Lamont Marcell Jacobs on his way to 60m gold at the European Indoor Championships in Torun (© AFP / Getty Images)
One of the best performances so far at the European Indoor Championships came in the last final of the day as Italy’s Lamont Marcell Jacobs powered to 60m gold in 6.47 in Torun on Saturday (6).
The 26-year-old – who, up until a few years ago, was better known as a long jumper – smashed the Italian record with his run in the final, having eased through the rounds earlier in the day with 6.59 in his heat and 6.56 in the semifinals.
It’s the second-fastest winning time ever at the European Indoor Championships and it moves Jacobs to fourth on the European indoor all-time list. His winning margin of 0.13 is also the biggest ever in the men’s 60m at these championships.
Germany’s Kevin Kranz finished second in 6.60, just 0.01 ahead of defending champion Jan Volko.
“This is a dream come true,” said Jacobs. “In training I was very fast, but I wasn't expecting to run 6.47.”
While Jacobs won comfortably, the women’s long jump went down to the wire with Ukraine’s Maryna Bekh-Romanchuk producing a last-round effort of 6.92m to snatch victory from Germany’s Malaika Mihambo.
After fouls in her opening two efforts, Bekh-Romanchuk went into the lead with a 6.80m leap in round three, but Mihambo responded moments later with 6.88m. The world champion held on to the lead for the next few rounds until Bekh-Romanchuk’s world-leading leap in the final round.
With the last jump of the competition, Mihambo valiantly sailed out to 6.78m, taking off some 29 centimetres behind the plasticine, but it wasn’t enough to regain the lead from Bekh-Romanchuk, meaning the top two positions from the 2019 World Championships were reversed. Sweden’s Khaddi Sagnia was third with 6.75m.
Bol and Husillos take two-lap titles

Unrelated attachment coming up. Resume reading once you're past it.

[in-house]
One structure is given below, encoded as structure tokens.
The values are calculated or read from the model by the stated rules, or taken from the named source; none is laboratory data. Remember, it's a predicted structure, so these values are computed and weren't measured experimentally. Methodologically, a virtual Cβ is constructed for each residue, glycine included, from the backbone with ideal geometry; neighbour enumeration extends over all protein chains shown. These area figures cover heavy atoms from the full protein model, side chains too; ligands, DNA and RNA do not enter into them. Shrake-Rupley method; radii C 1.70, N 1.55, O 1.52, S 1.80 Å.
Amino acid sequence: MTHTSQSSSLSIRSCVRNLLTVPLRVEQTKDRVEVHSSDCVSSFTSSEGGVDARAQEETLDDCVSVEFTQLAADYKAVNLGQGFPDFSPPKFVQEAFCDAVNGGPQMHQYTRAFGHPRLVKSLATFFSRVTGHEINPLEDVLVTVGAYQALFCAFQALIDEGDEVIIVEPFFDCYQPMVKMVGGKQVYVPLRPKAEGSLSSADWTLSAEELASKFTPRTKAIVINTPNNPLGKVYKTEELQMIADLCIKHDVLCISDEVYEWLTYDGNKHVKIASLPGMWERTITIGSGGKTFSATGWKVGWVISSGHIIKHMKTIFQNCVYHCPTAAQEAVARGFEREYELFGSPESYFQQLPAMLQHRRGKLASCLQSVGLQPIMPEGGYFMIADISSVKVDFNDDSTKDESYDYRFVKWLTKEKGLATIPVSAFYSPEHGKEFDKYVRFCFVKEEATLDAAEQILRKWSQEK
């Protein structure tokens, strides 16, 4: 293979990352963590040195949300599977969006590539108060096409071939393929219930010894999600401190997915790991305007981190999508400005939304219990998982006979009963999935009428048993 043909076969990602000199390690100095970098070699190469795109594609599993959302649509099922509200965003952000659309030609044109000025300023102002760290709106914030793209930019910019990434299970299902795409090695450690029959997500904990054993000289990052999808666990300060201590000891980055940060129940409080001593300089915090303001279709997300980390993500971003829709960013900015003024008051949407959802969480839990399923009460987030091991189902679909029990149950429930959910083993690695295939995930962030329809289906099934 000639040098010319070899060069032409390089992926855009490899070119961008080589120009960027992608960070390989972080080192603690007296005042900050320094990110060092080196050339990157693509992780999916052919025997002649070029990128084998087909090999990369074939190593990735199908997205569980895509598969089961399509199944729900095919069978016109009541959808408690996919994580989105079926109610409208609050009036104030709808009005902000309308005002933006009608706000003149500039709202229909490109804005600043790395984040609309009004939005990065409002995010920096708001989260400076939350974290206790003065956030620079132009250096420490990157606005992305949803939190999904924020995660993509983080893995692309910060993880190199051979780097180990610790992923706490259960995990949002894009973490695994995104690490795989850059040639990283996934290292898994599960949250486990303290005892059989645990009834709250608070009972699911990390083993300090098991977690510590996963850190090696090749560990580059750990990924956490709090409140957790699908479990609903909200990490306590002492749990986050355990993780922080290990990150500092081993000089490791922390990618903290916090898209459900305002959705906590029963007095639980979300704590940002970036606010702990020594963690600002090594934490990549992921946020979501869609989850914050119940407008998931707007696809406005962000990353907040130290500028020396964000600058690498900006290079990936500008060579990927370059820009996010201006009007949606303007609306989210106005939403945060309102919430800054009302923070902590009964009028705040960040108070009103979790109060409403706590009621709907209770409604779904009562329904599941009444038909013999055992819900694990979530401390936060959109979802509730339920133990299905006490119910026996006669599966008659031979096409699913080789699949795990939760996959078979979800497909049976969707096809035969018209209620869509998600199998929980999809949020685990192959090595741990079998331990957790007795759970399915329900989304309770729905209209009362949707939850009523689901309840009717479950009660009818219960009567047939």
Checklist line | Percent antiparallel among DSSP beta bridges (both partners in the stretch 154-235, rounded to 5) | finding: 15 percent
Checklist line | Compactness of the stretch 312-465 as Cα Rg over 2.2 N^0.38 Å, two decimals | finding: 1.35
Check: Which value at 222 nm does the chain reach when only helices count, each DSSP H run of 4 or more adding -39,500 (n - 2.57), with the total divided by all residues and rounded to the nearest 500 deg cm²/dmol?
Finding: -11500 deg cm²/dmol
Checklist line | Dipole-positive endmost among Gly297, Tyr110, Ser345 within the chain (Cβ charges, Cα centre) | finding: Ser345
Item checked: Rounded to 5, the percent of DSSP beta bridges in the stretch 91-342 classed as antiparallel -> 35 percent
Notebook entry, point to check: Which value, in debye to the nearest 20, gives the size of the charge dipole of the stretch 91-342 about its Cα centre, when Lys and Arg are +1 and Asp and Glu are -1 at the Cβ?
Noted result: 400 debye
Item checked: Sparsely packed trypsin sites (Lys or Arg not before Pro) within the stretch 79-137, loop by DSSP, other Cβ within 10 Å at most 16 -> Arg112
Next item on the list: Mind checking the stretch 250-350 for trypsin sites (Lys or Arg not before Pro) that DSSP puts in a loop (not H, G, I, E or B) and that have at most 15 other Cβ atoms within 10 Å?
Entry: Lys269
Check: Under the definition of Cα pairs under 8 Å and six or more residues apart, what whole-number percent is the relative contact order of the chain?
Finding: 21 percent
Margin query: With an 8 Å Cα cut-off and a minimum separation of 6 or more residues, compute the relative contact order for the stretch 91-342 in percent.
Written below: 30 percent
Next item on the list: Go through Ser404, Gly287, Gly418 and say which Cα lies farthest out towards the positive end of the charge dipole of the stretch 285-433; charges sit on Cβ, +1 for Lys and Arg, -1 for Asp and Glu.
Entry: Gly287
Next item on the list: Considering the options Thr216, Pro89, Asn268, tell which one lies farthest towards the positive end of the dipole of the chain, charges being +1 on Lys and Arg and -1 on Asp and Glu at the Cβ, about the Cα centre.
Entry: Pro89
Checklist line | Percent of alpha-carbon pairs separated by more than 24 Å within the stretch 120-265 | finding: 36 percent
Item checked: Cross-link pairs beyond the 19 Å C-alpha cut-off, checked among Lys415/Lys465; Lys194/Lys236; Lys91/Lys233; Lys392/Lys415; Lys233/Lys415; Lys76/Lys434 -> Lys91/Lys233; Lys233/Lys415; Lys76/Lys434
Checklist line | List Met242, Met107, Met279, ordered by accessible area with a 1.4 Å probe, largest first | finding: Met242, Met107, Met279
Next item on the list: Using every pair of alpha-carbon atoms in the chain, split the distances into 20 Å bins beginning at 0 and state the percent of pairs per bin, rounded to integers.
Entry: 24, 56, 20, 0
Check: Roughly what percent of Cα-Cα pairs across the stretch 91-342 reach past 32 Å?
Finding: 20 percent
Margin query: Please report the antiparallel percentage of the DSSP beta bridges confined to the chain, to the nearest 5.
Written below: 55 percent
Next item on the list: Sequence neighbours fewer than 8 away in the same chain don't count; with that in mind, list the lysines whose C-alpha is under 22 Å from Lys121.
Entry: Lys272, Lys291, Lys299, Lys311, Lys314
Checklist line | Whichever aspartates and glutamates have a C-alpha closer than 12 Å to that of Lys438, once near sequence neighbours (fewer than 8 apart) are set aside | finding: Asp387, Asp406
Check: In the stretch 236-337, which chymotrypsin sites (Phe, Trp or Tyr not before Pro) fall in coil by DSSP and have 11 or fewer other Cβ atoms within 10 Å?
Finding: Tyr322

Femke Bol lived up to her status as favourite to take the women’s 400m crown in 50.63, her fifth Dutch record of the indoor season.
Teammate and training partner Lieke Klaver, running from lane three, led at halfway as expected, going through 200m in 23.70, but Bol was just 0.17 behind – a faster 200m split than usual for the 21-year-old. As she has done so often on the international circuit this year, Bol hit the front on the back straight and pulled away from her opposition.
Behind her, European champion Justyna Swiety-Ersetic was moving through the field, as was Britain’s Jodie Williams. Klaver held on to second place until the final bend when she was passed by Swiety-Ersetic and then, coming into the home straight, by Williams.
Bol crossed the line in 50.63 – the third-fastest winning time ever at the European Indoors – with Swiety-Ersetic taking silver in 51.41 and Williams picking up bronze with a PB of 51.73. Ireland’s Phil Healy came through for fourth in a PB of 51.94 as Klaver faded to fifth.
The men’s final was much closer as Oscar Husillos adopted the classic indoor 400m tactic of leading from gun to tape.
The Spaniard, who was the first to cross the line in the 2018 World Indoor Championships final only to be later disqualified for a lane violation, kept out of trouble by breezing into the lead on the first lap, covered in 21.32.